The task of such an undertaking must have been daunting. Even with 16 televised hours, how do you choose which stories to include, what characters must appear, how do you shape this into a full, life-sized story. With my great anticipation, I must say I’m so far disappointed. The portrayal of the biblical characters is too clean, too neat, they’re too good. This couldn’t be further from the biblical witness. Let’s take Abraham for starters. The show sets him in the light of a strong-faithed individual, always urging other to trust God, have faith. The biblical accounts prove our faith-ancestor to repeated doubt God’s promise, several times placing the covenant in serious jeopardy. Our spiritual ancestor was a flawed and broken as the rest of us.

Next, Moses. The visual of the burning bush was stunning. However, we get very little protest from this great emancipator. The Book of Exodus shows him to continually try to talk his way out of God’s call. Excuse after excuse spews forth as Moses tries to convince God, “You’ve got the wrong guy.”

I think what the world greatly needs are portrayals of our biblical characters as simply that…characters. We tend to revere them, sometimes at the expense of revering the One who calls them in the first place. In fact, they’re just like you and me; broken, wonderful, flawed and trying-to-be-faithful-children-of-God. Noah’s strong fortitude in the show is countered by the biblical account of his actions upon reaching dry land. He plants a vineyard, makes wine, and gets drunk to the point of passing out. That scene must be lying on the editing room floor. Although, I’ll have to admit, his Scottish Highland accent was kind of cool. What a git!

Point is, let’s not venerate these folks to the extreme of missing the point. Although humanity continues in all our assets, gifts, brokenness, and flaws, God remains faithful and loving through it all.

Even so, I’ll be watching the next seven episodes! As I said in a Facebook post, if you think this show is great, you really should read the book!

12.21.12 and Still Kickin’

Posted: December 21, 2012 in Holy Stuff
Tags: , ,

Well, we’re still here.  Neither the end of days nor the new epoch seem to have entered on this the shortest day of the year. It looks to me as if the Mayans were wrong, or at least we’ve misinterpreted what they meant.  I’m all for a new day, a new time, new season. There is much that is wonderful in this world and existence, and it doesn’t take much of a look around to see the horror as well. For those anticipating or perhaps worried about the Mayan new-age, it could be that today is a day to reevaluate what brand of newness we may desire.

Serving as a Christian pastor, now is certainly a time when we lift up the newness the Christmas season may hopefully bring.  In this vocation it is also a time when the deepest of human hurts are elevated as well.  I’ve spent, (and I know my colleagues have as well), a great deal of time in the last few weeks tending to people with deep concerns, and none of them seemed too worried about 12/21/12. Kids and parents try to make sense of senselessness in Newtown, CT. The poor in our communities are becoming poorer and the ranks of those in poverty levels are on the rise. Young and old alike deal with medical needs, many facing their own impending deaths. We have much more immediate needs than all the wasted time worrying about predicting and prepping for the end.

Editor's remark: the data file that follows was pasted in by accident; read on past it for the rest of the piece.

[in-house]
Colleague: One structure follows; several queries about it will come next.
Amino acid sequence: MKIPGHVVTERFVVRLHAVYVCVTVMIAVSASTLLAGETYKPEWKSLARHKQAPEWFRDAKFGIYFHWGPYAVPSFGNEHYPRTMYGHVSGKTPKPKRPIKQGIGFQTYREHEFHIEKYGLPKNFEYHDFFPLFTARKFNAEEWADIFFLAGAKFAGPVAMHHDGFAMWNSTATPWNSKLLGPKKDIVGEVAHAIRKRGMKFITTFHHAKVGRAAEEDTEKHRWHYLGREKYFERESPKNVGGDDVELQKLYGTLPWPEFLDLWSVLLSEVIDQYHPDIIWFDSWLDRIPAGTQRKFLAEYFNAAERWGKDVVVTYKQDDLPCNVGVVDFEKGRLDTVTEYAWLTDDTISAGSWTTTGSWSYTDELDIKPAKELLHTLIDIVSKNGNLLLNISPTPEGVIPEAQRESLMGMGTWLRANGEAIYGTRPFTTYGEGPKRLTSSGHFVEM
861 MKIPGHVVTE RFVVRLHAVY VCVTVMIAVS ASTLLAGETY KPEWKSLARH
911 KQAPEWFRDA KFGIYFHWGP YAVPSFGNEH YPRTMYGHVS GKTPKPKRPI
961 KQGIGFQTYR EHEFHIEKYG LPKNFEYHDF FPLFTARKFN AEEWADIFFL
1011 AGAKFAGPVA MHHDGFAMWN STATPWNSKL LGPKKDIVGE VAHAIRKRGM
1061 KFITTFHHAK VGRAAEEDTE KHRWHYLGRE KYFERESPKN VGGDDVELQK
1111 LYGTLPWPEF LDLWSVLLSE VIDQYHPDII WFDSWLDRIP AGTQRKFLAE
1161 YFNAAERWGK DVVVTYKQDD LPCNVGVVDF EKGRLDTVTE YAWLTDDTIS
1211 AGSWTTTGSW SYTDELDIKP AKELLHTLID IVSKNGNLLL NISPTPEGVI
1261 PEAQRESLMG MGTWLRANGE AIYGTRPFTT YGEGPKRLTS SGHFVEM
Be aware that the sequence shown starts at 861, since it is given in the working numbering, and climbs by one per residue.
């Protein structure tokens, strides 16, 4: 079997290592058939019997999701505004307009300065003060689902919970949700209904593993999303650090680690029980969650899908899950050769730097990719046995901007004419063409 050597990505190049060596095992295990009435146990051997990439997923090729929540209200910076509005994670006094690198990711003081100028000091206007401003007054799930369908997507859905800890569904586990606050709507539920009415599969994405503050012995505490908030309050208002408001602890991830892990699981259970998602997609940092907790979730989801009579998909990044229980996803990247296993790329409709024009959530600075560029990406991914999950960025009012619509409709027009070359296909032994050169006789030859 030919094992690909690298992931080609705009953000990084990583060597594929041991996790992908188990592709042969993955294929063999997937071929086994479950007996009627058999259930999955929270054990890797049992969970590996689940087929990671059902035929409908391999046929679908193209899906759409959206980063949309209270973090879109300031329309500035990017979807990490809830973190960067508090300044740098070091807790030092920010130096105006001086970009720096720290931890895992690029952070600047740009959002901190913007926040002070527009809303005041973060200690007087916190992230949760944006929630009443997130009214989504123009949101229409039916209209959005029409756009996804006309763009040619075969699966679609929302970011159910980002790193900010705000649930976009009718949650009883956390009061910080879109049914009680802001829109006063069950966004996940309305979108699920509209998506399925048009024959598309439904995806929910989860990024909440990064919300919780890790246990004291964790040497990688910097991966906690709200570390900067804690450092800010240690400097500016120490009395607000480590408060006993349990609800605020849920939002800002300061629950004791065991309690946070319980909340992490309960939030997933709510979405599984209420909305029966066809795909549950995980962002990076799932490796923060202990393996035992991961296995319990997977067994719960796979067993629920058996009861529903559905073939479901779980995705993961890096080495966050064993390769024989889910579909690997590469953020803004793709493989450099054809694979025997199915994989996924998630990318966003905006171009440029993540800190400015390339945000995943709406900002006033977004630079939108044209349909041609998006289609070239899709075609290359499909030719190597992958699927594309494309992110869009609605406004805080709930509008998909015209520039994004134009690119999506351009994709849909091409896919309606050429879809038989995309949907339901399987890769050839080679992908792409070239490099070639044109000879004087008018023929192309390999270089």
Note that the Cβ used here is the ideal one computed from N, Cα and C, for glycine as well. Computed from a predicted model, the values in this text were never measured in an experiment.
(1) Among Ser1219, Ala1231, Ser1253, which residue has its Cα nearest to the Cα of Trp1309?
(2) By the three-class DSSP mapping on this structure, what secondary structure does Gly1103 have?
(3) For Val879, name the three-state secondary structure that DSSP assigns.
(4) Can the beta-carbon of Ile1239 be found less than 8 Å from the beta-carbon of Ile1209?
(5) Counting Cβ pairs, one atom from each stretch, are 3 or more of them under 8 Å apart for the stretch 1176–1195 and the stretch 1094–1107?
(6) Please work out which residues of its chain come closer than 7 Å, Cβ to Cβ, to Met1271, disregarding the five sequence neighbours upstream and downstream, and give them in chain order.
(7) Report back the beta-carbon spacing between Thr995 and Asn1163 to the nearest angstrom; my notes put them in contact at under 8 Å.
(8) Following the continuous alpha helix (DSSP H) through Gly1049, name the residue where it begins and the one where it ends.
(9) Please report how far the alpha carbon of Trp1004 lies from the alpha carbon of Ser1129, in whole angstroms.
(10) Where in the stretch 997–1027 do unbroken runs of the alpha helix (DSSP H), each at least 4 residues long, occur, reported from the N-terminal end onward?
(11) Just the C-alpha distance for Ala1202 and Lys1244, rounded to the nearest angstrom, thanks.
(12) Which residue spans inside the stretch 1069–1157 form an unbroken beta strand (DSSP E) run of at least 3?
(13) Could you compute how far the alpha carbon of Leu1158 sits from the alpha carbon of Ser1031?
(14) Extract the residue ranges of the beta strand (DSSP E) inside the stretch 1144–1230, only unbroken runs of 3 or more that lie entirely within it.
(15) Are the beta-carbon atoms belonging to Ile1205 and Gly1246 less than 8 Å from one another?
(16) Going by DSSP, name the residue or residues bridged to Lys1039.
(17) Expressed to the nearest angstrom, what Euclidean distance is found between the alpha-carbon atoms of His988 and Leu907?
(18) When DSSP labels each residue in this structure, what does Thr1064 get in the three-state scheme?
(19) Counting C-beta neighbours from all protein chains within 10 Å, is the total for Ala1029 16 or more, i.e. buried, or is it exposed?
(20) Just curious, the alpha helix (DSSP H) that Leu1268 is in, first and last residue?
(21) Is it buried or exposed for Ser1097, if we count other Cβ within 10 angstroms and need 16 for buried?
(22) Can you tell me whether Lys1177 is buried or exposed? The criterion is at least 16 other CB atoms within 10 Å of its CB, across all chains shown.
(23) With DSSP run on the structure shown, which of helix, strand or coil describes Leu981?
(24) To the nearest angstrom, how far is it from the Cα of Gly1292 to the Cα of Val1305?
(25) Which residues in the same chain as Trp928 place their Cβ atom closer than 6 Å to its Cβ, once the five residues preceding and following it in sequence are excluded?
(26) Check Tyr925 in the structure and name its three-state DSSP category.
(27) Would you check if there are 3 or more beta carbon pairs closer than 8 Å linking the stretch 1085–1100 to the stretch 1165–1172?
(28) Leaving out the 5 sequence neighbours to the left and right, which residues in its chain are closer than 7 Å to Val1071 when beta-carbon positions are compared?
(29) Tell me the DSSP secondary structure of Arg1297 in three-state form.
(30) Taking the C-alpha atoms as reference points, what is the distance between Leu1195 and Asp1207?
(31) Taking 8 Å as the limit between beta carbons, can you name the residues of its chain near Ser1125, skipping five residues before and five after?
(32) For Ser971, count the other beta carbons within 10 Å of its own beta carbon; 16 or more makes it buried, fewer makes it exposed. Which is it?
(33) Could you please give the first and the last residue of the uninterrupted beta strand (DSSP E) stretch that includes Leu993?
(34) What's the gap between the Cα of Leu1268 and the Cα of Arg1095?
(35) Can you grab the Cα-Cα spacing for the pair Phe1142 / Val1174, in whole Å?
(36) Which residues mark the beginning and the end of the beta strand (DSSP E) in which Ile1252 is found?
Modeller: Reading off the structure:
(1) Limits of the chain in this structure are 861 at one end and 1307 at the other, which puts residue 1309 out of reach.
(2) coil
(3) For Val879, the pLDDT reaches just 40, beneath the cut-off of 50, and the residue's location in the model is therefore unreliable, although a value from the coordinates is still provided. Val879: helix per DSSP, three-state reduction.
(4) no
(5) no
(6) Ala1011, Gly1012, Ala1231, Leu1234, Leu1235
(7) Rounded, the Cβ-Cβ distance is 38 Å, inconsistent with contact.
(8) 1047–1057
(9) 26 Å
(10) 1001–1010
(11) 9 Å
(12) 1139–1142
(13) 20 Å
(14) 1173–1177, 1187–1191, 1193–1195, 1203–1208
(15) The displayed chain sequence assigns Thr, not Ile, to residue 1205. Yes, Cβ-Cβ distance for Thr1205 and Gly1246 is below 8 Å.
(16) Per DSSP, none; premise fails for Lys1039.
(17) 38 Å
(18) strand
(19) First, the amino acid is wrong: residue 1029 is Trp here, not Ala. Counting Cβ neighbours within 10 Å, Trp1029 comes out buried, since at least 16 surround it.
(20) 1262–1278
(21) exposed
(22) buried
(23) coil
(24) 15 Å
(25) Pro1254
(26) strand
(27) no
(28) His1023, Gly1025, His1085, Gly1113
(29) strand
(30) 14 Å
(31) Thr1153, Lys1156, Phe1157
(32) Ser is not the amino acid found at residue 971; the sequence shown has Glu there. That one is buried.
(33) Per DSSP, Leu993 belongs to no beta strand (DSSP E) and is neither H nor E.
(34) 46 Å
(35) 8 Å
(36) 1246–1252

Lately I’ve been watching TV programs and reading articles about all the “apocalyptic” end of days stuff. It’s fascinating and because I am one who studies, scours, and holds dear the Bible and its message, I want to know what the world is saying and who is buying into all the fear. What I notice is that I’ve seen less bullshit cleaning out a dairy barn. This is dangerous stuff for those who believe it and let it rule their days. Followers of such tenets have extremely lost focus on what is important in this life, this world, this moment.

Maybe Christmas and One whose birth we celebrate can bring us a newness and refocus our efforts to genuine peace on earth, goodwill to all. May we all be purveyors of hope, compassion, charity, justice and love.  It is time to live faithfully, not fearfully. After all, tomorrow the days become longer, and hope just may be on the rise.

A House United

Posted: November 7, 2012 in Newsy Happenings

I love it when someone asks me, “Are you a Republican or a Democrat?” My immediate answer is always, “No, I’m not.” The quizzical looks are priceless. Frankly, the way each party has moved further from the center, “moderate” position in recent years sickens me, hence I do not identify with either. Polarization occurs, every issue gets dragged through so much mud the meaning gets lost and all you see is the crap. Our country is better than that. When I voted yesterday, just for funnsies I tallied up the number of candidates from each party who is now the proud recipient of my vote.  Even split. Some might classify this as “Independent”, and I’ll grab that moniker if it means one who identifies with certain positions and will support like-minded candidates regardless of their side of the aisle. I don’t want to be in an independent party, thank you, not any party at all. Politics is yet another realm in which I live with bothfeet in two worlds. Some find this refreshing; many times this is sufficient enough information to simply piss off everyone to the left and to the right. Oh, well. It’s who I am.